Applied Evolutionary Economics and Economic Geography

Applied Evolutionary Economics and Economic Geography

Edited by Koen Frenken

Applied Evolutionary Economics and Economic Geography aims to further advance empirical methodologies in evolutionary economics, with a special emphasis on geography and firm location. It does so by bringing together a select group of leading scholars including economists, geographers and sociologists, all of whom share an interest in explaining the uneven distribution of economic activities in space and the historical processes that have produced these patterns.

Chapter 1: Introduction: Applications of Evolutionary Economic Geography

Ron A. Boschma and Koen Frenken

Subjects: economics and finance, economics of innovation, evolutionary economics, geography, economic geography, innovation and technology, economics of innovation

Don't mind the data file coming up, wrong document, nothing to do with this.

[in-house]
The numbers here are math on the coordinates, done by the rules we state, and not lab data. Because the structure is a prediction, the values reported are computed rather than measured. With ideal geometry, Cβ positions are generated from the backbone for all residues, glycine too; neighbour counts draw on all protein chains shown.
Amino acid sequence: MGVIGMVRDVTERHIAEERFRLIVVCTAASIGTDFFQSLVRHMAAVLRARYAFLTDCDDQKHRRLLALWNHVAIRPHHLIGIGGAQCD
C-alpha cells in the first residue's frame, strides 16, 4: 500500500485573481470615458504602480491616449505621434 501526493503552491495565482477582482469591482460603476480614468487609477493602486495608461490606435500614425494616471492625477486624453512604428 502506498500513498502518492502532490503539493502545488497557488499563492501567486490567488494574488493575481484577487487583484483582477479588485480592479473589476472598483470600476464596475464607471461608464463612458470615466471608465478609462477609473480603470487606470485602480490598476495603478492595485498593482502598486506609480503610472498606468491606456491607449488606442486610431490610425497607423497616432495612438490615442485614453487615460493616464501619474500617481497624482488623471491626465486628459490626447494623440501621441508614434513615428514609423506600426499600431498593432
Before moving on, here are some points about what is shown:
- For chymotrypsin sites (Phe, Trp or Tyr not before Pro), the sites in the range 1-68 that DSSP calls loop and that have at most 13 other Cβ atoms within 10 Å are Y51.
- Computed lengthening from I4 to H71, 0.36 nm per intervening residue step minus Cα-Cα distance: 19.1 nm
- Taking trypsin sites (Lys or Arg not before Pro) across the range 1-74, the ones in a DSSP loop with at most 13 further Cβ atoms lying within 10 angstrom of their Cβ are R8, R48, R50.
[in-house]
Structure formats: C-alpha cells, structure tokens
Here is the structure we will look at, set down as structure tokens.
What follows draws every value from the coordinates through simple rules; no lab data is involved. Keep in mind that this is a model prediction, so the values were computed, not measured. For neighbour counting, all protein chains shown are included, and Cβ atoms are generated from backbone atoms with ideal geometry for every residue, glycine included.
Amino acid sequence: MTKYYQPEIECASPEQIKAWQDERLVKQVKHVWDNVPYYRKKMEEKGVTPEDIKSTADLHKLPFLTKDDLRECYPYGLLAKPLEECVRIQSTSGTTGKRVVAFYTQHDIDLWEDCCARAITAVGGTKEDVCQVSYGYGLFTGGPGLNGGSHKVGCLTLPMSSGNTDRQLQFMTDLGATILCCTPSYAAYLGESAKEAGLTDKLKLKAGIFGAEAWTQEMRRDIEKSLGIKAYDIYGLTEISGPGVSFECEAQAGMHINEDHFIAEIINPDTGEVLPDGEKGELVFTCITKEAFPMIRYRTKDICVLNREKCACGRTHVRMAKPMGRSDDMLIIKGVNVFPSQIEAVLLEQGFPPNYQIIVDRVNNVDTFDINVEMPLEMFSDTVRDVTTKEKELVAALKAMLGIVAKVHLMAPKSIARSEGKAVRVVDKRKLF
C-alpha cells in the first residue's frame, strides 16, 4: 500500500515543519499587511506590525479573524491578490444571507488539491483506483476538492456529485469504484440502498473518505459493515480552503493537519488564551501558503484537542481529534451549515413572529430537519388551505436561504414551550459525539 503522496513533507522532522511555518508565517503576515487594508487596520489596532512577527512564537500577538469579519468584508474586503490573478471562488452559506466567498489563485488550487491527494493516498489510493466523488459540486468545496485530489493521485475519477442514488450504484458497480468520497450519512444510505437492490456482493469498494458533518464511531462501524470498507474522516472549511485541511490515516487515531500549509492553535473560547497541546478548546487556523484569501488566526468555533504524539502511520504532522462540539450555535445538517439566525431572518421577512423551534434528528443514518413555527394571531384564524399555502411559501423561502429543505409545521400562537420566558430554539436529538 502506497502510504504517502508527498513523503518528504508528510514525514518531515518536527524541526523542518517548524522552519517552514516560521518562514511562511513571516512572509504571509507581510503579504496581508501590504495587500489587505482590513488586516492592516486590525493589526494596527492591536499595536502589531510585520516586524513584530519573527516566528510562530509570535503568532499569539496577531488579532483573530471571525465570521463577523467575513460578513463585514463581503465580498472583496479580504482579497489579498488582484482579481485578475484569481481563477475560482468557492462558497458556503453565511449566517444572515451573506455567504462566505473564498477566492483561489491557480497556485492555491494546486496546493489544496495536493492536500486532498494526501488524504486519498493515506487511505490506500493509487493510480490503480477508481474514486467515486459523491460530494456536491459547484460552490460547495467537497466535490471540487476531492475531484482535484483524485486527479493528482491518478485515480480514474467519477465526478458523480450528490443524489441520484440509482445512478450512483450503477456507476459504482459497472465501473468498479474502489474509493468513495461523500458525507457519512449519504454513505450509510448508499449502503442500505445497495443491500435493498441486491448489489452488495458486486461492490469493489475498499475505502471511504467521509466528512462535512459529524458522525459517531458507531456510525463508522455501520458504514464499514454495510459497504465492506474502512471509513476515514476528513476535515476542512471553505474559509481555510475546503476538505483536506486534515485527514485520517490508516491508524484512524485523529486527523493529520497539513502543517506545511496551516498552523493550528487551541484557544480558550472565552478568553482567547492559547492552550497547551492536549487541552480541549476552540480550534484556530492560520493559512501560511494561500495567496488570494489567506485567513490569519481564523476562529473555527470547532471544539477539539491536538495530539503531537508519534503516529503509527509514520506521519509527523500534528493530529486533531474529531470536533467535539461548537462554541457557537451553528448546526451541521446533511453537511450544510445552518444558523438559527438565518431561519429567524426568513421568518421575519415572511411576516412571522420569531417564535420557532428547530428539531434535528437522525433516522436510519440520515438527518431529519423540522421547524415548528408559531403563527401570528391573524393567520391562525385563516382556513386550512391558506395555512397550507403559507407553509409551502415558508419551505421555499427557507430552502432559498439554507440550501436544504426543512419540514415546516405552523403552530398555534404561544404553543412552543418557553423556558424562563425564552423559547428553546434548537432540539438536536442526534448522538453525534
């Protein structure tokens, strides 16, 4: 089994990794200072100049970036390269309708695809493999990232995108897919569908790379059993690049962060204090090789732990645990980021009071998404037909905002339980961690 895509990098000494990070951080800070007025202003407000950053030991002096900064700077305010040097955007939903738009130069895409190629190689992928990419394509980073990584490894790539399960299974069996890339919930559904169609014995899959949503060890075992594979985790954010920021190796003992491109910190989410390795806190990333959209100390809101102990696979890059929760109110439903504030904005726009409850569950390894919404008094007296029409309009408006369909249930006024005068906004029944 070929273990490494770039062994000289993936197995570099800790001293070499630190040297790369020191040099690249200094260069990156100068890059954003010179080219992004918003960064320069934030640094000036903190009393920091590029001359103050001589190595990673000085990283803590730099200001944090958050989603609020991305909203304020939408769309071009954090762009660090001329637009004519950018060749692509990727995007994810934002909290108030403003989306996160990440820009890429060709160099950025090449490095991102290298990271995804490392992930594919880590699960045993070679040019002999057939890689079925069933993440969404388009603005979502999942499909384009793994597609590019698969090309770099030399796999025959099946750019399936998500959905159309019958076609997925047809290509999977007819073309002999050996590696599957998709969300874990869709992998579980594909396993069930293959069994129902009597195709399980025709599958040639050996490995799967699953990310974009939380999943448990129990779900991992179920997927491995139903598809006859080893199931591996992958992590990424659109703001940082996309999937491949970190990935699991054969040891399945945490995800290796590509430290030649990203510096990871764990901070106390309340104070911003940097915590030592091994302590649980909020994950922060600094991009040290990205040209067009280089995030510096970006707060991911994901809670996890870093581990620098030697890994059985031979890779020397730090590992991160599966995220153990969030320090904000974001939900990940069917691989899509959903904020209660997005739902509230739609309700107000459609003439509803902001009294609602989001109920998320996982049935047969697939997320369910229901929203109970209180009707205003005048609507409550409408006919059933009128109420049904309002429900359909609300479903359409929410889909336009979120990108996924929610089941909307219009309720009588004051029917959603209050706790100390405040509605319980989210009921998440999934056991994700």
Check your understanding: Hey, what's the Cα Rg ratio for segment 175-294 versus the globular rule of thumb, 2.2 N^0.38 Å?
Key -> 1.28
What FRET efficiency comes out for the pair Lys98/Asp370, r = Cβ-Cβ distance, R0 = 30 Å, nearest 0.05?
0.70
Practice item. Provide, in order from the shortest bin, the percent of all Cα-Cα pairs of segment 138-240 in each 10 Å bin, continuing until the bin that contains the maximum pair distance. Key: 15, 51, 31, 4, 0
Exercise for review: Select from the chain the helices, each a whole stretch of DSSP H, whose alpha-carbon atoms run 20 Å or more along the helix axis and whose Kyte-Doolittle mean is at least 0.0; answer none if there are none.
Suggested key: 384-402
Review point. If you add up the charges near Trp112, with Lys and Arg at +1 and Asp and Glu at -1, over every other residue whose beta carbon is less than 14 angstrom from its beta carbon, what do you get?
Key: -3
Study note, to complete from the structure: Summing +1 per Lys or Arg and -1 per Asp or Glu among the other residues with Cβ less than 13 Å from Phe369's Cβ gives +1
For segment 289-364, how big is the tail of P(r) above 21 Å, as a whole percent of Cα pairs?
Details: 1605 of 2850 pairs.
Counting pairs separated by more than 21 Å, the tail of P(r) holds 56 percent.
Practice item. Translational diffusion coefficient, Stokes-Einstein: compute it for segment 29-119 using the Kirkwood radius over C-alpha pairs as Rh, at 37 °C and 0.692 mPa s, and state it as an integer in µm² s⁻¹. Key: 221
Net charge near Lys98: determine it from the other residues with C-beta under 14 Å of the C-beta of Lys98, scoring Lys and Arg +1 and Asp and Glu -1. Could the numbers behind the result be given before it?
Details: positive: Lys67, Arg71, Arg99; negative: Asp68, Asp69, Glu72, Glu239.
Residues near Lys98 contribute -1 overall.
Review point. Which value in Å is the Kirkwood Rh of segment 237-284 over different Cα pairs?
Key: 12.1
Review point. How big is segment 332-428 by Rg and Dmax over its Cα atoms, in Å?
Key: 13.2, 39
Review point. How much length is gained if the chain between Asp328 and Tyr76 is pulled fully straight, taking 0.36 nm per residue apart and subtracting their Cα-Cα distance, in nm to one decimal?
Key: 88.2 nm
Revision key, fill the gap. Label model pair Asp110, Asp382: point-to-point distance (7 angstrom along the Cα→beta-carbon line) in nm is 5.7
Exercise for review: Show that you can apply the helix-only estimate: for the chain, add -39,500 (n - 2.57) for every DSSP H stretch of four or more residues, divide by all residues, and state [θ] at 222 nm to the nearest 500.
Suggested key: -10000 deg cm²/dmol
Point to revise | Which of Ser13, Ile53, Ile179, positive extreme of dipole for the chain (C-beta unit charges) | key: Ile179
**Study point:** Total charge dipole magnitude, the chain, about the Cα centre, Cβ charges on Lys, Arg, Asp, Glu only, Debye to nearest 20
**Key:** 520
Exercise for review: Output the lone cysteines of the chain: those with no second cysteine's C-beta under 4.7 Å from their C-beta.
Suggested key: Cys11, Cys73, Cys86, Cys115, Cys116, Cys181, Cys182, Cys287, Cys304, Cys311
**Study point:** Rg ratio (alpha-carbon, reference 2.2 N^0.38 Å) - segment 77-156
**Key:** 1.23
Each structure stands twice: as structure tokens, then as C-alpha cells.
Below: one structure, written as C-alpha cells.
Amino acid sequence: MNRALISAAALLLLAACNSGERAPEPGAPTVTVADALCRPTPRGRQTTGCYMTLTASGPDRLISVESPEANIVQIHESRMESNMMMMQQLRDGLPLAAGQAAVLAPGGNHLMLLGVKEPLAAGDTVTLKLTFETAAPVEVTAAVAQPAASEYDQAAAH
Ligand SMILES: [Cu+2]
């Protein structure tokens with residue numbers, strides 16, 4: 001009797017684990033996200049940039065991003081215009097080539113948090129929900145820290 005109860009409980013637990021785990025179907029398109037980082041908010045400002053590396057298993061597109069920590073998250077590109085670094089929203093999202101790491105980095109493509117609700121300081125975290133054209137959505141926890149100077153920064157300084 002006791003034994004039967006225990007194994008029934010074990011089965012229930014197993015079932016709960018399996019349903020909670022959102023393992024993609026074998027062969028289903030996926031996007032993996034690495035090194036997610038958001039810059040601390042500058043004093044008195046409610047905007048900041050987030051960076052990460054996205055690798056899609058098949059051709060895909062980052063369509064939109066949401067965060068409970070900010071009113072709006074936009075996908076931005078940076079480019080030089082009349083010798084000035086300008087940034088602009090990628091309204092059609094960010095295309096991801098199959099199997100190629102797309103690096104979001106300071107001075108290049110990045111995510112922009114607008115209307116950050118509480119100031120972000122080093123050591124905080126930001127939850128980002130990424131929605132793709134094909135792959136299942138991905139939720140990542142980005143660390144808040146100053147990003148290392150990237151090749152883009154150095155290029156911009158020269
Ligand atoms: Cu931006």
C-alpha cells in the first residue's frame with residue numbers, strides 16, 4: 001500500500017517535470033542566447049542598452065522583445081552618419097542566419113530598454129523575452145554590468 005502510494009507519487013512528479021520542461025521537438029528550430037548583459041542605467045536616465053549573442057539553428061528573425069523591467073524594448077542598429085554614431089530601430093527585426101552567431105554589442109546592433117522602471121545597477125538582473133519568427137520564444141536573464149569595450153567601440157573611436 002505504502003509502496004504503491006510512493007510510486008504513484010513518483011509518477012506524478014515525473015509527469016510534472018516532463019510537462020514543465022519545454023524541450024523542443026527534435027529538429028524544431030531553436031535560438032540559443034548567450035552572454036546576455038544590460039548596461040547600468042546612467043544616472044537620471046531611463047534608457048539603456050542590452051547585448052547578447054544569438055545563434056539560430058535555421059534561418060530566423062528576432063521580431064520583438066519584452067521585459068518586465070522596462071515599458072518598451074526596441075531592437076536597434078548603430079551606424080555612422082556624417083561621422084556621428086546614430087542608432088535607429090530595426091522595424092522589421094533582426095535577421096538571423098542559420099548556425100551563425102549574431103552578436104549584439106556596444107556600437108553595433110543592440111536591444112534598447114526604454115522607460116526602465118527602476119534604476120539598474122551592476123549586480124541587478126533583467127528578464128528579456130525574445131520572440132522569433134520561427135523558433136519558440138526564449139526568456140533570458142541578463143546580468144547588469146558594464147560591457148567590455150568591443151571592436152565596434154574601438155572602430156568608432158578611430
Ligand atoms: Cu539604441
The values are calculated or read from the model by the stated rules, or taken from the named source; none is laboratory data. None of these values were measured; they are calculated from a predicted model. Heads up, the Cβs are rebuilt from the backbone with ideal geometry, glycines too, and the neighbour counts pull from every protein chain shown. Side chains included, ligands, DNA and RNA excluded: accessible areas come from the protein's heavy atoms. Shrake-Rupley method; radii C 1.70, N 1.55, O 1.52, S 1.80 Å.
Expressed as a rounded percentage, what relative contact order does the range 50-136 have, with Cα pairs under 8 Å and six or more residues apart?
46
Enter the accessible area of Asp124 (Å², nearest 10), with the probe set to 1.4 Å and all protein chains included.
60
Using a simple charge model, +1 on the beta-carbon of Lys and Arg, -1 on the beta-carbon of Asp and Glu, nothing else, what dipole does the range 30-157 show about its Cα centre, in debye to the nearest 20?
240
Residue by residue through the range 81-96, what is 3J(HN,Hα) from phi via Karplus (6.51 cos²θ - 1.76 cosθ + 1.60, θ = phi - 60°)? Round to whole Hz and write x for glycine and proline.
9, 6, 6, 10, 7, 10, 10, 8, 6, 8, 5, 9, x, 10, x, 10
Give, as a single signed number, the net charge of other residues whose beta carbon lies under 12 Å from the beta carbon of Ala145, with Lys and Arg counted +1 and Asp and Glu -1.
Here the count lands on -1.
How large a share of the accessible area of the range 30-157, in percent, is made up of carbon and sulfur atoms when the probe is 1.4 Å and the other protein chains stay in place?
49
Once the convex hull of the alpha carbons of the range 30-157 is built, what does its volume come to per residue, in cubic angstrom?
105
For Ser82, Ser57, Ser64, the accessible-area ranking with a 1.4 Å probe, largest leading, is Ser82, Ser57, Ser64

Ron A. Boschma and Koen Frenken 1. INTRODUCTION Economic geography is the field of study that deals with the uneven distribution of economic activities in space. Two conflicting theories are currently influential in the field: institutional economic geography and the ‘new’ economic geography. Institutional economic geography is dominated by scholars with a geography background and is akin to institutional economics (Hodgson, 1998). At the risk of oversimplification, institutional economic geography argues that the uneven distribution of wealth across territories is primarily related to differences in institutions (Whitley, 1992; Gertler, 1995; Martin, 2000). The new economic geography has been developed by neoclassical economists (Krugman, 1991; Fujita et al., 1999; Brakman et al., 2001), who view uneven distributions of economic activity as the outcome of universal processes of agglomeration driven by mobile production factors. Recent debates between geographers and economists have been fierce and with little progress (for example, Martin, 1999; Amin and Thrift, 2000; Overman, 2004). The lack of cross-fertilisation between the two disciplines can be understood from two incommensurabilities between institutional and neoclassical economics (Boschma and Frenken, 2006). First, institutional economic geography and new economic geography differ in methodology. Institutional economic geographers tend to dismiss a priori the use of formal modelling. Instead, they apply inductive, often, casestudy research, emphasising the local specificity of ‘real places’. By contrast, the new economic geography approaches the matter deductively using formal models based on ‘neutral space’, representative agents and equilibrium analysis. Proponents of the latter approach do...